Featured Image

Despite Tariff Concerns, Analysts Making Smaller Cuts than Average to EPS Estimates for Q2

Companies and Earnings

By John Butters  |  May 31, 2019

During the first two months of the second quarter, analysts lowered earnings estimates for companies in the S&P 500 for the quarter. The Q2 bottom-up EPS estimate (which is an aggregation of the median EPS estimates of all the companies in the index for the second quarter) dropped by 2.1% (to $40.61 from $41.46) during this period. How significant is a 2.1% decline in the bottom-up EPS estimate during the first two months of a quarter? How does this decrease compare to recent quarters?

During the past five years (20 quarters), the average decline in the bottom-up EPS estimate during the first two months of a quarter has been 2.5%. During the past 10 years, (40 quarters), the average decline in the bottom-up EPS estimate during the first two months of a quarter has been 2.2%. During the past 15 years, (60 quarters), the average decline in the bottom-up EPS estimate during the first two months of a quarter has been 3.1%. Thus, the decline in the bottom-up EPS estimate recorded during the first two months of the second quarter was smaller than the five-year average, the 10-year average, and the 15-year average.

Change in Q219 EPS vs Change in Price

Change in SP 500 Quarterly EPS First 2 Months of Quarter

At the sector level, nine sectors recorded a decline in their bottom-up EPS estimate during the first two months of the quarter, led by the Materials (-7.3%) and Industrials (-6.9%) sectors. On the other hand, two sectors recorded an increase in their bottom-up EPS estimate during the first two months of the quarter, led by the Energy (+7.7%) sector. Overall, four sectors recorded a smaller decrease (or an increase) in their bottom-up EPS estimate relative to their five-year average, five sectors recorded a smaller decrease (or an increase) in their bottom-up EPS estimate relative to their 10-year average, and six sectors recorded a smaller decrease (or an increase) in their bottom-up EPS estimate relative to their 15-year average.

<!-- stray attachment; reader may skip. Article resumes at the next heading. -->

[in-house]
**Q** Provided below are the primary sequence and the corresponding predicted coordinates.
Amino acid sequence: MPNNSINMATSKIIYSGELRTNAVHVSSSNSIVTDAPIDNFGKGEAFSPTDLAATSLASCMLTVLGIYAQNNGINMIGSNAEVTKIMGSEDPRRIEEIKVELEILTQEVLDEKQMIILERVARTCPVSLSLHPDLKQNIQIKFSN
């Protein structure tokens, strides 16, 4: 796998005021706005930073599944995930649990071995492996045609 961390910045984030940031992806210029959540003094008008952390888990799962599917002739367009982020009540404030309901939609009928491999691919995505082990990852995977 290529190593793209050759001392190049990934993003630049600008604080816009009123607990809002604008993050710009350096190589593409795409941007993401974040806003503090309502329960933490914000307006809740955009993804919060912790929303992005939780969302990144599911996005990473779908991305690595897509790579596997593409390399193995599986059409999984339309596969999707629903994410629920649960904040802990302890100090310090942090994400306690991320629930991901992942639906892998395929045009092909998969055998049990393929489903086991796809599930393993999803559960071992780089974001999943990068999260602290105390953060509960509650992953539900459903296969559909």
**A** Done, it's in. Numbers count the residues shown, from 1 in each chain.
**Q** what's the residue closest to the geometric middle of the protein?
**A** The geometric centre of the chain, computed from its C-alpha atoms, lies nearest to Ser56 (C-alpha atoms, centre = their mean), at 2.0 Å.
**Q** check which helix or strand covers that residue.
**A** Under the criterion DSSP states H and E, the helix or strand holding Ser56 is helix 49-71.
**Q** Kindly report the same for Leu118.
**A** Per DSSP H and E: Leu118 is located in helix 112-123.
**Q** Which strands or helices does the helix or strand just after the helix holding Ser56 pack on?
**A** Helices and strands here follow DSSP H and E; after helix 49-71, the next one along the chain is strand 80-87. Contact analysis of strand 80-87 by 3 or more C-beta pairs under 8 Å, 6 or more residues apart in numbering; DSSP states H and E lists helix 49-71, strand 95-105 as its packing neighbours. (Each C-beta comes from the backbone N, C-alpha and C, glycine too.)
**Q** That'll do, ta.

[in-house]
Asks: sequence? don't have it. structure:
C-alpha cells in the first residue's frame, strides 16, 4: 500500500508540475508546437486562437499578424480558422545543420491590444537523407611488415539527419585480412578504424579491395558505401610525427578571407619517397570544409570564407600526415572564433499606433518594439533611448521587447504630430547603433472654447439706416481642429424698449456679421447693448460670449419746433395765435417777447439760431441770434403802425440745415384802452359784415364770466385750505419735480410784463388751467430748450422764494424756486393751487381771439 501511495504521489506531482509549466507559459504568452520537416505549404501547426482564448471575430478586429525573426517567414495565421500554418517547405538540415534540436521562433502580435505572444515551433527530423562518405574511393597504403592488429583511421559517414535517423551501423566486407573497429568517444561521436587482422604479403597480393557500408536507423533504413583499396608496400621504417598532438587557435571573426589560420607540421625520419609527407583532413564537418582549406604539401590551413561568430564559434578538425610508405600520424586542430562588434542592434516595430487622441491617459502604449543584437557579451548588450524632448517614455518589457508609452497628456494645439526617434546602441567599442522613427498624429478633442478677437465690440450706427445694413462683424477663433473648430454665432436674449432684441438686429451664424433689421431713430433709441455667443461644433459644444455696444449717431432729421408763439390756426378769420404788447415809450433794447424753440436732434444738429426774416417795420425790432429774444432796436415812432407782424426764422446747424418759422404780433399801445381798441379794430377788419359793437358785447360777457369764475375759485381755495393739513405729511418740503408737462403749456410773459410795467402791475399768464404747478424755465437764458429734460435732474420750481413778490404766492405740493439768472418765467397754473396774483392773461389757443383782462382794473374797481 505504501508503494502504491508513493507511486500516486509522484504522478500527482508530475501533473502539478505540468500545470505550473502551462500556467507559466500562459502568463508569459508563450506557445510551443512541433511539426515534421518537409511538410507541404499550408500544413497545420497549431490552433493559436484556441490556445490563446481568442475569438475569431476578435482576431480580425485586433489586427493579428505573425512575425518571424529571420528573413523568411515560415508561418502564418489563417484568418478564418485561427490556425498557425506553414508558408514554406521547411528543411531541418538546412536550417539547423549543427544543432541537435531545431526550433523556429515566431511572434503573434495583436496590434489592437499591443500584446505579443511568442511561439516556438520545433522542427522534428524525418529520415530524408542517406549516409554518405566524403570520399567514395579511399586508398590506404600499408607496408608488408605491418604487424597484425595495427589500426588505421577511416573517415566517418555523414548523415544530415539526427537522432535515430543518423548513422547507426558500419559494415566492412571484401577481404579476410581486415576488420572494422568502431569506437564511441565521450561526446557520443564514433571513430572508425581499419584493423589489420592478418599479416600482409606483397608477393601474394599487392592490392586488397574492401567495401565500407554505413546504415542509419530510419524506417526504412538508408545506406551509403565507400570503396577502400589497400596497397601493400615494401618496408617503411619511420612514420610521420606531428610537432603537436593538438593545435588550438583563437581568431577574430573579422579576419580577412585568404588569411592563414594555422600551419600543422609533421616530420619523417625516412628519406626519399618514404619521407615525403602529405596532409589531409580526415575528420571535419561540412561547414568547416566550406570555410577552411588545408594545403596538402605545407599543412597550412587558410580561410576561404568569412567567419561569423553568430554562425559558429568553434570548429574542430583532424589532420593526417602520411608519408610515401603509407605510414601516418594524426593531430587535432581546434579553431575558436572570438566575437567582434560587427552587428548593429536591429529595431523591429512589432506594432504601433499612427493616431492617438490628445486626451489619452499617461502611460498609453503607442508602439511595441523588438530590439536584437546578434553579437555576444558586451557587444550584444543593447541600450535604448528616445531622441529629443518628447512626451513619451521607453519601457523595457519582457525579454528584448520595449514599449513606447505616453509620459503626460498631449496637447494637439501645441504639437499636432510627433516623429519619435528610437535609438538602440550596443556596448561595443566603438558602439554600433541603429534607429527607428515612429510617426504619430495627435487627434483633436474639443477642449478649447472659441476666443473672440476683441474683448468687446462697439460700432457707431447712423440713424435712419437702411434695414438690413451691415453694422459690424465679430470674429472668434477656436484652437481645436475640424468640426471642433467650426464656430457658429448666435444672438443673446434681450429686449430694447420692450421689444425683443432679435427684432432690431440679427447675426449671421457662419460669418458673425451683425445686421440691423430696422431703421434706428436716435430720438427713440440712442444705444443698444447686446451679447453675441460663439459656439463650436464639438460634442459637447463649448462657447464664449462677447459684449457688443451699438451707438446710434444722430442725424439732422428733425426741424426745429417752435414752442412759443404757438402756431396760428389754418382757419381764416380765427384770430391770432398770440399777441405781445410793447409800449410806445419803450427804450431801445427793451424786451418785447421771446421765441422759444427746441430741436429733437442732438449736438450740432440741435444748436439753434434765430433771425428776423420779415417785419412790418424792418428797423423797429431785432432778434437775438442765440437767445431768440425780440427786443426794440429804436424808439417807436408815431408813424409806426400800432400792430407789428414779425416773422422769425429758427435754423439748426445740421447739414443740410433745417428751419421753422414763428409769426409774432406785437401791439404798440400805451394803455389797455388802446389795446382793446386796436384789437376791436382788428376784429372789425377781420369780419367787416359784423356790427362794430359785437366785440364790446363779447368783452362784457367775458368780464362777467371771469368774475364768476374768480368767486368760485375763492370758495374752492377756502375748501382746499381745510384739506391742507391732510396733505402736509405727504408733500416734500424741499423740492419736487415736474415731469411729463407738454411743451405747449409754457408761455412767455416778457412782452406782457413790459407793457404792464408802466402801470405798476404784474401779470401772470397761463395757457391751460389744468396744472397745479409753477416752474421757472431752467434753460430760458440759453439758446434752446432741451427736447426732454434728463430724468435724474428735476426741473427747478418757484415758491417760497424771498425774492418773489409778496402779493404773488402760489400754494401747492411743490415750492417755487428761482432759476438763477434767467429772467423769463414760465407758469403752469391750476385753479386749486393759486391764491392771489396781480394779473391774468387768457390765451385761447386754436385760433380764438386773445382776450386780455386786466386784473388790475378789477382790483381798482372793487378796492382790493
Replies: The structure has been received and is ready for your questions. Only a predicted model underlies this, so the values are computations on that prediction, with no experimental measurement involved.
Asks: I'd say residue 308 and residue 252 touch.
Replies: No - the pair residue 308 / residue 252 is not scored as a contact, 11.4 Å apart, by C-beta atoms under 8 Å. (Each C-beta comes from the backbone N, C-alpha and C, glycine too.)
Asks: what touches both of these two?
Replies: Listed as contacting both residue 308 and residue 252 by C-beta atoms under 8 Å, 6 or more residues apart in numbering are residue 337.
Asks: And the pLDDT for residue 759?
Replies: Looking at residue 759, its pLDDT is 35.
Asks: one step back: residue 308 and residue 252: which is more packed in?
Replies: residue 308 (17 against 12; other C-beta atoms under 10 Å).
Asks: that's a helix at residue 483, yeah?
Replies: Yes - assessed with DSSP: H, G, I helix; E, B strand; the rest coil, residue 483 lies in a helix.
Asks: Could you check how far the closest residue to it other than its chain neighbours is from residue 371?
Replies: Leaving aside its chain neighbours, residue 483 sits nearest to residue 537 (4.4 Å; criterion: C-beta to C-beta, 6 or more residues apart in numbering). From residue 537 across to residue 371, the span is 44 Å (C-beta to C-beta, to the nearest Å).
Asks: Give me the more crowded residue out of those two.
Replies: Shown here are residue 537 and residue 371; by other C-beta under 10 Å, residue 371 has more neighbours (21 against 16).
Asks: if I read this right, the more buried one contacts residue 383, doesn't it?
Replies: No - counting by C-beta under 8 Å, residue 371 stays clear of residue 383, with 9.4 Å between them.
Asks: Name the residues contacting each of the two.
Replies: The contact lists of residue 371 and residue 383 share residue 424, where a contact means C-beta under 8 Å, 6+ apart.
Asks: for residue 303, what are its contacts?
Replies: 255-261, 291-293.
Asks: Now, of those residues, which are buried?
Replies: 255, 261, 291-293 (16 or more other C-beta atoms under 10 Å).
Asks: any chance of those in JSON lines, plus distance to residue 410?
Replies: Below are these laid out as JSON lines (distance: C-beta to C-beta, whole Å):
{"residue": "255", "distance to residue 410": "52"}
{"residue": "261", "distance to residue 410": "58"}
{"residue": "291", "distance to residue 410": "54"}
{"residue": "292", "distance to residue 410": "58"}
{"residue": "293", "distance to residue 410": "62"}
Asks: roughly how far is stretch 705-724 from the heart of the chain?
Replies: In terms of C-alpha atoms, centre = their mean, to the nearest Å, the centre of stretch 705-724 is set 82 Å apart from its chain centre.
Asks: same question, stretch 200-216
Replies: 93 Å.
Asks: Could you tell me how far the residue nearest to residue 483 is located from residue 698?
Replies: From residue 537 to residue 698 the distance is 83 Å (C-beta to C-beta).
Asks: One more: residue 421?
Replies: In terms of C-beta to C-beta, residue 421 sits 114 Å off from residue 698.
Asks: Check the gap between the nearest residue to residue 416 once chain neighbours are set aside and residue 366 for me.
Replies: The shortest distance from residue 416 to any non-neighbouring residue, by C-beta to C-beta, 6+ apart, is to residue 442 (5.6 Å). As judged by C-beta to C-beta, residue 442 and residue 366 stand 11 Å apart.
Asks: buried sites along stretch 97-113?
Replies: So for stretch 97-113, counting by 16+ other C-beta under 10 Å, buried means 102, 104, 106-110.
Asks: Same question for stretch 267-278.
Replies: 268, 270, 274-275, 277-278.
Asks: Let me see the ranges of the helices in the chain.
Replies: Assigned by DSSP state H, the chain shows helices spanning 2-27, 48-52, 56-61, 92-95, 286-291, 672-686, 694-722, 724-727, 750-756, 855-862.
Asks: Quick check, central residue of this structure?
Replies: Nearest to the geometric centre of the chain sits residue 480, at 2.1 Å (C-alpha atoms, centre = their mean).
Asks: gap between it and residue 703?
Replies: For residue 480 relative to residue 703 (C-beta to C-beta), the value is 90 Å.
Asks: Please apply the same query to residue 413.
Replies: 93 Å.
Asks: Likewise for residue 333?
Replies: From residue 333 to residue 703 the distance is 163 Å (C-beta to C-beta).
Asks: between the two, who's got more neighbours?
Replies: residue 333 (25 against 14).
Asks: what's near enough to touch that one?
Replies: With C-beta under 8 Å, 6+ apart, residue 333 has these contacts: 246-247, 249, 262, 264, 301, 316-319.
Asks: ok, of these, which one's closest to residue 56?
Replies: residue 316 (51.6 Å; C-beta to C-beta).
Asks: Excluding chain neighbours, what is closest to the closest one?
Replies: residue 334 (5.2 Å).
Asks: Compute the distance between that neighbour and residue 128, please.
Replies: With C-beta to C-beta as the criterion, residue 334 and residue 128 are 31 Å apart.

As the bottom-up EPS estimate for the index declined during the first two months of the quarter, the value of the S&P 500 also decreased during this same period. From March 31 through May 30, the value of the index decreased by 1.6% (to 2788.86 from 2834.40). Assuming the price of the index does not rise above 2834.40 today, the second quarter will mark just the 4th time in the past 20 quarters in which the bottom-up EPS estimate and the value of the index both decreased during the first two months of a quarter.

Download the latest Earnings Insight

John Butters

Senior Earnings Analyst

John’s weekly research report, Earnings Insight provides analysis and commentary on trends in corporate earnings data for the S&P 500, including revisions to estimates, year-over-year growth, performance relative to expectations, and valuations. He is a widely used source for the media and has appeared on CNBC, Fox Business News, and the Business News Network. In addition, he has been cited by numerous print and online publications such as The Wall Street Journal, Financial Times, The New York Times, MarketWatch, and Yahoo! Finance.

Info

We use cookies to personalize content and ads and to analyze our traffic.

We also share information about your use of our site with our advertising and analytics partners. See details.